For those of you who are not familiar with this book, Road Map to Holland by Jennifer Graf Groneberg is an excellent book that gives one mother's experience of having a child with Down syndrome. I read the book awhile back, but recently picked it up again to thumb through some sections that I felt drawn to. I would like to share two of them with you.
The first one talks about Emily Perl Kingsley's essay Welcome to Holland (something I shared before). This essay was part of the inspiration for Groneberg's book, although Groneberg wanted more information on what to expect in the experience, hence the title of the book. In addition to writing her essay, Kingsley was a writer for Sesame Street. She became an advocate for people with disabilities after the birth of her son, Jason. This advocacy included having individuals with disabilities on the cast of Sesame Street. If you watched this show when you were a child (or now with some little one you know), you totally can see Kingsley's influence. I am drawn to this quote because of my reflection on my memories from the past involving experiences with individuals with disabilities. This excerpt is from page 220 of Groneberg's book. It follows after Groneberg realizes that a Sesame Street video she has seen many times has a child in it, named Michael, who has Down syndrome. She then does some research on Emily Perl Kingsley. The excerpt is as follows:
"A vivid childhood memory comes to me. I'm four years old. The bright morning sun shines through the windows behind the television. I can see dust motes in the shafts of light; to me, they look like sparkles. The brightness makes the television screen seem dark. I have to concentrate to see the images. I'm so filled with happiness I can barely contain myself; it's my favorite shoe. There's Ernie and Bert, Big Bird and Grover. But the best is the Count. I love to count with the Count.
I've grown up with this show; these images of people all ages and colors and abilities living and working and playing together. It's possible that I simply didn't need to remember that Michael had Down syndrome, until now. My mind, and heart, is used to the idea of acceptance and inclusion. For this, in part, I have Emily Perl Kingsley to thank.
Once again, she's given me hope. I feel a great sense of relief. It's as if my previous indiscretions - not thinking about the mother or the family of the man at the secondhand store; not knowing what to say to the man gathering shopping carts in the grocery store parking lot - now have a counterpoint. At least there's this; I watched a Sesame Street video hundreds of times without focusing on the child with Down syndrome. Before I even knew it mattered, I accepted him without a second thought. If it happened to me, maybe it's happened to other people, too."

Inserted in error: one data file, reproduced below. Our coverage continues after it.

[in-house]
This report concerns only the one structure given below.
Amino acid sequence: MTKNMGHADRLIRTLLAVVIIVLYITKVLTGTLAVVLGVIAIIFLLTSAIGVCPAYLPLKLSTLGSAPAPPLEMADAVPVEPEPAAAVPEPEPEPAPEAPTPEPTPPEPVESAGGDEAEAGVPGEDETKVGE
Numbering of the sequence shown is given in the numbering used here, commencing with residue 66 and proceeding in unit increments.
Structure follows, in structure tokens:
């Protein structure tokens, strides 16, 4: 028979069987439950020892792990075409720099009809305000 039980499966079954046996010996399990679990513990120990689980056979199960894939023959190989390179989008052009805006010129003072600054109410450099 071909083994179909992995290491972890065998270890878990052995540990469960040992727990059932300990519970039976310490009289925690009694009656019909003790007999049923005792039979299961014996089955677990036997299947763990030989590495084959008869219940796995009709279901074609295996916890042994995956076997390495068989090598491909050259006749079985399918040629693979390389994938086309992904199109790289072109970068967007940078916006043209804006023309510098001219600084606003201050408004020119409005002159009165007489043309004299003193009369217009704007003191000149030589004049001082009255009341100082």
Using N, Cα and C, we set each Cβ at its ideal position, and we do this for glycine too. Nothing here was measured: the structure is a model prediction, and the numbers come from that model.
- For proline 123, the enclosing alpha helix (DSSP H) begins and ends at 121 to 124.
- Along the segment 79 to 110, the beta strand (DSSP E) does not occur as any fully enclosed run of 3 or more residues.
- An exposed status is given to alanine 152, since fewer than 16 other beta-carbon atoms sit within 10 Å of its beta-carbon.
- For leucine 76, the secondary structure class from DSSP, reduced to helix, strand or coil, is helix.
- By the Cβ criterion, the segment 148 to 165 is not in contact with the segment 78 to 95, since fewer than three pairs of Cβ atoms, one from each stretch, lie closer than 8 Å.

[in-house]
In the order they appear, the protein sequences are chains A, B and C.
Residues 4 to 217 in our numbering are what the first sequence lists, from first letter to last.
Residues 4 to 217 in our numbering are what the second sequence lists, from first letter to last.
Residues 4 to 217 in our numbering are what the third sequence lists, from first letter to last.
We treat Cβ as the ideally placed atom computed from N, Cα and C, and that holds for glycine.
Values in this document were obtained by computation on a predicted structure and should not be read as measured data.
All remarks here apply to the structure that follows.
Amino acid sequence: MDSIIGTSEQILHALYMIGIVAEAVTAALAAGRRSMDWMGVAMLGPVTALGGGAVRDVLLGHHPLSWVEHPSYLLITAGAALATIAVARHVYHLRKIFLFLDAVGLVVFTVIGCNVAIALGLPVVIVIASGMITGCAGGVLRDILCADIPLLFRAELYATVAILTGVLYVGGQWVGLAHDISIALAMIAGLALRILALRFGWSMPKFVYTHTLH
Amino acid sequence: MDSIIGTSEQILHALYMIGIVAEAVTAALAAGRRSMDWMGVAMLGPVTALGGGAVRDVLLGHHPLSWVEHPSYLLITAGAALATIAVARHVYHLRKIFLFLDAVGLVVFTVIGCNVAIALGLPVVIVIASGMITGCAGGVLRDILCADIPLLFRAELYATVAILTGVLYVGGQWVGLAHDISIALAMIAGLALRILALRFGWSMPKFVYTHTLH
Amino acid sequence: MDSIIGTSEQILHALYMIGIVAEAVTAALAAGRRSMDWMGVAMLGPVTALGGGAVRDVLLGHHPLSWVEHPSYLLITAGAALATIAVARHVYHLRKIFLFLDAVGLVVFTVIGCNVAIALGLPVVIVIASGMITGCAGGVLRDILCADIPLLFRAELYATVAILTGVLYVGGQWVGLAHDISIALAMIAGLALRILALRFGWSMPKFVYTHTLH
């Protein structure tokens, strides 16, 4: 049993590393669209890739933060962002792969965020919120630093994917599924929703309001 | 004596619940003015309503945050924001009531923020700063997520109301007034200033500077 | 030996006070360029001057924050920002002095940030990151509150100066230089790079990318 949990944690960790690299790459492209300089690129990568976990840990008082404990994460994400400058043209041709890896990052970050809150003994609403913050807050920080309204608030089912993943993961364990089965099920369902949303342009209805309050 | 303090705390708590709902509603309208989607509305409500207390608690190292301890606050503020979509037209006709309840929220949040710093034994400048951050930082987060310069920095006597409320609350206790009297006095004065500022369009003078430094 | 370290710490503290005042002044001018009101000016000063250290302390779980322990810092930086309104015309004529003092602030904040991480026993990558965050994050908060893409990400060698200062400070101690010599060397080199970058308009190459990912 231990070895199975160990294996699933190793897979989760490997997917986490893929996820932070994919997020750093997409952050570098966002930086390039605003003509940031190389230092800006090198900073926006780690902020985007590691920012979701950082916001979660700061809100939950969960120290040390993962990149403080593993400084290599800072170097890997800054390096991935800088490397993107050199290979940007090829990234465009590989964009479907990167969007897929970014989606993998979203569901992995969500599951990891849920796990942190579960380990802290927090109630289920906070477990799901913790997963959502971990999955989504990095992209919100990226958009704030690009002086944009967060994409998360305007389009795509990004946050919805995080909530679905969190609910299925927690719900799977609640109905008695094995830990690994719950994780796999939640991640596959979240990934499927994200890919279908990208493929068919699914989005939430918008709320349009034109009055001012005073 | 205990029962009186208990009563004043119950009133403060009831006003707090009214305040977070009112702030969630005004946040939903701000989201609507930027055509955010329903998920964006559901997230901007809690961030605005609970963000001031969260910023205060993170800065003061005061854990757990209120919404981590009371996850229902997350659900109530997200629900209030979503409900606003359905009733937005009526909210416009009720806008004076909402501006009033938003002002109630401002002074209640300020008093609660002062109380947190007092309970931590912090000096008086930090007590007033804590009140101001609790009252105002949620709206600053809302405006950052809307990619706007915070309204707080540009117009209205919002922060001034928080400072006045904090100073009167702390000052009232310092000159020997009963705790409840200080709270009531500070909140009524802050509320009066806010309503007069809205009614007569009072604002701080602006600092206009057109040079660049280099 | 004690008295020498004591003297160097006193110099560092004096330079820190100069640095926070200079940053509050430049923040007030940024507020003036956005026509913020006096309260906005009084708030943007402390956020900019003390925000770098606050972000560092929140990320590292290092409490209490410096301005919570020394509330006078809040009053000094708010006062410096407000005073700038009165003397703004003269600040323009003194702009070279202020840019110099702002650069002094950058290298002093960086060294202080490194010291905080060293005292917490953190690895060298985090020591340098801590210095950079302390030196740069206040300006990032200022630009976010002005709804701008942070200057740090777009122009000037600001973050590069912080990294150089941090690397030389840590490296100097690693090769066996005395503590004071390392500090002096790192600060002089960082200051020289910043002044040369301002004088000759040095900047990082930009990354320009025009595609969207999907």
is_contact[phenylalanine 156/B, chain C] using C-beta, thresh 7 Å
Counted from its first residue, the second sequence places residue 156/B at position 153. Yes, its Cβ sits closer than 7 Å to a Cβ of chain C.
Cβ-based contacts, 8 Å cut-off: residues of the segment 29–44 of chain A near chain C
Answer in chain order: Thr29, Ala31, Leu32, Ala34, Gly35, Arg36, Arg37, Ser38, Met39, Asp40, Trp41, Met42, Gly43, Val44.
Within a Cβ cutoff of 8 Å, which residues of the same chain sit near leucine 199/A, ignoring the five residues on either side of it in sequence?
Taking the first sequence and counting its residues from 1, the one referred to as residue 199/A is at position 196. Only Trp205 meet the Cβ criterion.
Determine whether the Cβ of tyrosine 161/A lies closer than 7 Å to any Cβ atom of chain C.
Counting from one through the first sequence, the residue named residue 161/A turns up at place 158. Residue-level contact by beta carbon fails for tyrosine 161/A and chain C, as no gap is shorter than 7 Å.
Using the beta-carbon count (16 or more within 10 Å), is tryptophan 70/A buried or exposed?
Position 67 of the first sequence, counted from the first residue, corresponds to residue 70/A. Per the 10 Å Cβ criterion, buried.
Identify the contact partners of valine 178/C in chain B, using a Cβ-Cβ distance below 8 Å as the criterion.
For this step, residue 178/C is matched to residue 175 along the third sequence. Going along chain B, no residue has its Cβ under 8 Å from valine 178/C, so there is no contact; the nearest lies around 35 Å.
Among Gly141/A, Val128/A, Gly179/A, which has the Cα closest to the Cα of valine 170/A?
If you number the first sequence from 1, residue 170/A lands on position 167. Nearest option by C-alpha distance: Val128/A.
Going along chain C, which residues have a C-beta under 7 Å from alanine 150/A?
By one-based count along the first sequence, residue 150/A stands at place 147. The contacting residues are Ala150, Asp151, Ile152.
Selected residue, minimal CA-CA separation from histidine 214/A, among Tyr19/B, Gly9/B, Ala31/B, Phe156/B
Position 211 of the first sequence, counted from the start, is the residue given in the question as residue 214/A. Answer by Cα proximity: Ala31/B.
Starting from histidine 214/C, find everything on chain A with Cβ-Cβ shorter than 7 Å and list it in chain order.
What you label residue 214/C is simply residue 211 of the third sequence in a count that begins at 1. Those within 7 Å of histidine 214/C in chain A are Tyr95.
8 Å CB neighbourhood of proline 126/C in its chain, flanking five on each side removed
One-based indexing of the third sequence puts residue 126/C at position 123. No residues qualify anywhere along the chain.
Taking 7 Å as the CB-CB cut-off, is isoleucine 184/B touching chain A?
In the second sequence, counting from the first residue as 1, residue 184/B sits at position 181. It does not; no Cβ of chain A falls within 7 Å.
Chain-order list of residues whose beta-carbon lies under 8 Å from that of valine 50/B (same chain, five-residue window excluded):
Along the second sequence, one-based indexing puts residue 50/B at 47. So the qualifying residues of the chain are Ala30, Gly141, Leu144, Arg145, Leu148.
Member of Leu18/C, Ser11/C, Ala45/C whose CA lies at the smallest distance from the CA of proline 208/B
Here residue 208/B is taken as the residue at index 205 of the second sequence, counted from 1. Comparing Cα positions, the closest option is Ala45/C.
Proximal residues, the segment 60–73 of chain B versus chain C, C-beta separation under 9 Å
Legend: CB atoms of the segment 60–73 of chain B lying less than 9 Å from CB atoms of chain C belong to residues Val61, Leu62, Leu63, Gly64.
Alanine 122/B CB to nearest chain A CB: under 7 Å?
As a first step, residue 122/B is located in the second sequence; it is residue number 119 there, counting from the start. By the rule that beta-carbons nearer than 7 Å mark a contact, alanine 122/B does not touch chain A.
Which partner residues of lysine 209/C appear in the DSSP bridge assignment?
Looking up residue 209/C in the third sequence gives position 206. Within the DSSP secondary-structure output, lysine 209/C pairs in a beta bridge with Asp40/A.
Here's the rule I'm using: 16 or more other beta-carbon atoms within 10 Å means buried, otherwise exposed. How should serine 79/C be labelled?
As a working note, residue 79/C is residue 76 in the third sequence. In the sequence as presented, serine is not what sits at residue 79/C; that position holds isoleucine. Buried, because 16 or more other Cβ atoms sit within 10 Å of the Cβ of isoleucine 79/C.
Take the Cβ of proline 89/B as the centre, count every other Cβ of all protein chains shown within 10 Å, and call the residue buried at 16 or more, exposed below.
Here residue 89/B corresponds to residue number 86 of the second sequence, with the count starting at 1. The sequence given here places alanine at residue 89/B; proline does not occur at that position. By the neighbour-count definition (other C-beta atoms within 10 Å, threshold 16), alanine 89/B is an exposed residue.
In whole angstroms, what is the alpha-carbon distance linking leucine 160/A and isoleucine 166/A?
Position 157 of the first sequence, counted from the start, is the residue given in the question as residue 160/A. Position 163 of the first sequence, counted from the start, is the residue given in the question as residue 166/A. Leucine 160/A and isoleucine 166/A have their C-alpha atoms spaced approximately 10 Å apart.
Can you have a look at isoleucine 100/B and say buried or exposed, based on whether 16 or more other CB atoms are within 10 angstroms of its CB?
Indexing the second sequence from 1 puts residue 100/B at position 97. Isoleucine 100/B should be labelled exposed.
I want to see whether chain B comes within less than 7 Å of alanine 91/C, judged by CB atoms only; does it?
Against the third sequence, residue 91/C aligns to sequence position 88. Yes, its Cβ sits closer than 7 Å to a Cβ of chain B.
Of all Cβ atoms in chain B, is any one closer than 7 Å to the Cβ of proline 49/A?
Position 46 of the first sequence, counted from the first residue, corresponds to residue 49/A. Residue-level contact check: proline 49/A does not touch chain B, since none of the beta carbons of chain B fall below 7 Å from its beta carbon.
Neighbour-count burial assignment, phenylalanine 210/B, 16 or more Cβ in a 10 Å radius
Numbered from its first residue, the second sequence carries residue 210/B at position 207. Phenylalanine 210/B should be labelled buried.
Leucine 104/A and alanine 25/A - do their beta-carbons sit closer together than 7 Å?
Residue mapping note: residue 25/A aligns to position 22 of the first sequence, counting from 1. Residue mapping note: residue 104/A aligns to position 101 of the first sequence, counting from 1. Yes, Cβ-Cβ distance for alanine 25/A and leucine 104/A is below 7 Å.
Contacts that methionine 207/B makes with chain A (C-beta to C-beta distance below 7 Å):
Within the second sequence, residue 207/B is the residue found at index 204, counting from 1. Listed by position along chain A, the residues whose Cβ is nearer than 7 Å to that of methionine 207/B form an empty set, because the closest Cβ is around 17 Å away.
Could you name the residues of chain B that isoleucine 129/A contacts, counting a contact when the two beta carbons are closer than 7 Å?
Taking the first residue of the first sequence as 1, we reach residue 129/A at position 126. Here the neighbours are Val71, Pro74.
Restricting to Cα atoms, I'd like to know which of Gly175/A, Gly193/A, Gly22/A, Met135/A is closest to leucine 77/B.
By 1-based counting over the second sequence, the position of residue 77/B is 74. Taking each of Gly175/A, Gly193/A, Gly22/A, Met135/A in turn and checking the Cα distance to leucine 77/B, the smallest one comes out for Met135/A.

I can really relate to Groneberg. I had totally forgotten about the experience of watching Sesame Street and it's impact on my early development until I read Groneberg's account of this for herself. Thanks for including this in your book.
The second passage is on page 237. While at a picnic, Groneberg reflects on how her experience at this event would have differed without her twin sons, one of which has Down syndrome. She would have had just one child then, named Carter, and never would have had this experience with Down syndrome and the clarity it can bring. I think about that a lot too. She also talks about the 90% of individuals who decide to terminate when they receive a prenatal diagnosis of Down syndrome. As a person in the 10% group, I think about this a lot - I did have a choice, and I am so happy that I choose Quinn. I feel honored that Groneberg mentions people like me in her book. The excerpt is as follows:
"For a brief moment, I wonder who I might have been, if Carter was my only child. I probably would be worrying about the food, or my clothes. I'd be thinking small thoughts, little unimportant ones, and I'd miss the big picture. I feel it anew, in every cell of my body: the voices, the laughter. I see it: the beauty of the faces of the children holding sparklers. Fathers and mothers bent over them from behind, supporting them, guiding them. Everyone lustrous and shining.
I think again on the nine-out-of-ten statistic, only this time, I also think about the women who might choose a child like Avery. I see them all around me: these are the women I pin my hopes on. These are mothers of our future, if the future is to include children like Avery."
Down syndrome has added so much to my life. I would never have read Groneberg's book if it wasn't in my life. I would never have had this blog. I would never have learned as much as I have. Once again, I owe all of this to my Quinn.
If you haven't seen the clip below, please do - it is of Groneberg reading another excerpt from her book. Groneberg gives me hope. I really appreciate her book. You can also go to her blog too, called Pinwheels. It is in the blogs that I follow.
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